How Comedy Helps Us Cope

For John, and many of us, comedy is something we’ve indulged in our whole lives. Growing up, we may have watched cartoons that made us laugh or maybe, like John, tuned into SNL and Monty Python for comedic relief. As John explains in the episode, comedy helped ease his immigrant family’s transition to American life. Humor helps us see the odd and contradictory parts of our existence and gives us a chance to discuss contradictory and confusing topics we might often sweep under the rug.

After his depression diagnosis, John turned to comedy to help him process his feelings. One of the hardest parts of adjusting to the diagnosis was feeling like he couldn't communicate just how difficult things were–but he felt that within comedy and writing, there was a chance for people like him to talk about things through art! In fact, even if it isn’t comedy, he suggests teens who are dealing with depression find some kind of hobby that allows for self expression, like joining a band or picking up painting!

Using humor to talk about depression can also chip away at the stigmas that still stand around mental illness. Even if we’re just joking around, we’re still encouraging discussion–and reminding people that it’s ok not to be ok. As John explains in the episode, the worst thing we can do is ignore the reality of depression and anxiety, and allow people who may be suffering to continue feeling like they have no solution or that they’re going at it alone.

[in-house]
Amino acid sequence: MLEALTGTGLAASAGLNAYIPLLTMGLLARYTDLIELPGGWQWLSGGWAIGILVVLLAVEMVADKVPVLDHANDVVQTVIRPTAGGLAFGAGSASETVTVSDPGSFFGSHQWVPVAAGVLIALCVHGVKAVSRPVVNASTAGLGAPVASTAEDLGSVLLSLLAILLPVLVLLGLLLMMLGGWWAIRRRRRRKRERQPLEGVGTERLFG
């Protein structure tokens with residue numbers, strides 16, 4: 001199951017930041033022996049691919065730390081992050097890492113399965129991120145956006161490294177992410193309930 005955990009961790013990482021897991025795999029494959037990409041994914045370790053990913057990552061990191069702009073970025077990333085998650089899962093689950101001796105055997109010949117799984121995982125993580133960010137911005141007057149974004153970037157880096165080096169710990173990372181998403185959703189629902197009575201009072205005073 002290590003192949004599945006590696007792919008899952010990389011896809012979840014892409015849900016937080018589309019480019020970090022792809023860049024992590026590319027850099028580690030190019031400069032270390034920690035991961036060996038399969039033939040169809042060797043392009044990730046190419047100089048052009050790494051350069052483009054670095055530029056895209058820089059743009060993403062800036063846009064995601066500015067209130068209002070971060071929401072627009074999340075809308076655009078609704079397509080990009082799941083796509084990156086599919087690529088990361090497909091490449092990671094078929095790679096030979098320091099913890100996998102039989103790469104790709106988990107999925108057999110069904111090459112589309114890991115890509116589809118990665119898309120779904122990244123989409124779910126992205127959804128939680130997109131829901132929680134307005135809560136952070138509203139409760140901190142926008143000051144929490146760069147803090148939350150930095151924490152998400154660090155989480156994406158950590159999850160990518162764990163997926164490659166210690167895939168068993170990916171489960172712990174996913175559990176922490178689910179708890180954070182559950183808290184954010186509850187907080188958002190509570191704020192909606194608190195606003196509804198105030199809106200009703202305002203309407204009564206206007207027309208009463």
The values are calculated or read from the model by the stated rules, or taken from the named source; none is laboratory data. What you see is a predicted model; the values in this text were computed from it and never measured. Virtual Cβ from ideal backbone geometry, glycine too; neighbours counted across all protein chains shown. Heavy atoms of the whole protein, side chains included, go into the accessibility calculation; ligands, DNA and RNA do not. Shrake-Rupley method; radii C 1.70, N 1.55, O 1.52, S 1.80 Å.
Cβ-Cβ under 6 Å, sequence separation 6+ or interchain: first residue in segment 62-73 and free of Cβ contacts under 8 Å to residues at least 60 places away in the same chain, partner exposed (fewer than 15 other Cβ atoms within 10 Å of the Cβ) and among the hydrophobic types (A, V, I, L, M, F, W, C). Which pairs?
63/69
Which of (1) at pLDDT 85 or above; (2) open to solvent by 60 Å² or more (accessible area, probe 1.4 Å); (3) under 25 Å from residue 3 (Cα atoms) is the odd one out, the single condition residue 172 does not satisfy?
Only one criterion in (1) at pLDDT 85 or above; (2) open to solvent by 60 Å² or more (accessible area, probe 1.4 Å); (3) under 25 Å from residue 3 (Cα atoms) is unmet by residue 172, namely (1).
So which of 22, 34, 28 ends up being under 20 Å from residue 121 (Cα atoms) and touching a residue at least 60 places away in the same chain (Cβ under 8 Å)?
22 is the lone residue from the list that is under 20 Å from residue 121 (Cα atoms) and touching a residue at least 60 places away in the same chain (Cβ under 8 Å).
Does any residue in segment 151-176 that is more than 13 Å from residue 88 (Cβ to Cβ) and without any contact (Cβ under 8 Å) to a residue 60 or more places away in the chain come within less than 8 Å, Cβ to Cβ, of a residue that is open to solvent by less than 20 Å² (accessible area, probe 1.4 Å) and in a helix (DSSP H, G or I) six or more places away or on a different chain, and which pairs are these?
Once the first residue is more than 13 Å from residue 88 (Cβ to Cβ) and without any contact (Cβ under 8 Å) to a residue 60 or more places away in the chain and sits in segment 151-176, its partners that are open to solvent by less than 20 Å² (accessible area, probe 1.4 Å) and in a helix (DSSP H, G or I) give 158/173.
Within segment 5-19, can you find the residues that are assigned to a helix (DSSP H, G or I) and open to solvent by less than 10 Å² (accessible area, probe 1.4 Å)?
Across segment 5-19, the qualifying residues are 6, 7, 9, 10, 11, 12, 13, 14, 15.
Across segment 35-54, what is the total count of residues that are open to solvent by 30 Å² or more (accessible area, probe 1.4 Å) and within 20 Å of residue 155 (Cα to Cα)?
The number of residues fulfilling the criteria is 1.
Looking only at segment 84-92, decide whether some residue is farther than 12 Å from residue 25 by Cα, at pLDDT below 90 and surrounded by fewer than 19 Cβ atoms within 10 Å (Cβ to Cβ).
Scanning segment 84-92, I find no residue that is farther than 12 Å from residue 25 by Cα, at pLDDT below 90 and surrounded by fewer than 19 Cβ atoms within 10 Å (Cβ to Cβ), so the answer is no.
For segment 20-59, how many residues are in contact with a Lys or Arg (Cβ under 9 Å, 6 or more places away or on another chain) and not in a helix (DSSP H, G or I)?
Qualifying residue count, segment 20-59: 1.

In the episode….

My interview with John was hilarious, yet helpful! Not only do we share plenty of laughs this week, we also get to the heart of handling serious mental health concerns. On top of the subjects discussed above, we talk about…
  • Why teens can’t “achieve” their way out of depression
  • How we can get teens to be less dramatic
  • Why kids should think critically about depression in the media
  • How finding a therapist is like dating
I really enjoyed talking to John this week. We hope you enjoy listening! Don't forget to subscribe, and we’ll see you next week.

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Creators and Guests

Andy Earle
Andy Earle
Host of the Talking to Teens Podcast and founder of Write It Great
John Moe
John Moe
Host of DEPRESH MODE and SLEEPING WITH CELEBRITIES. Author-The Hilarious World of Depression, other books. Speech maker, lead singer. https://t.co/LqK6EjcsGa
Ep 156: The Funny Thing About Depression…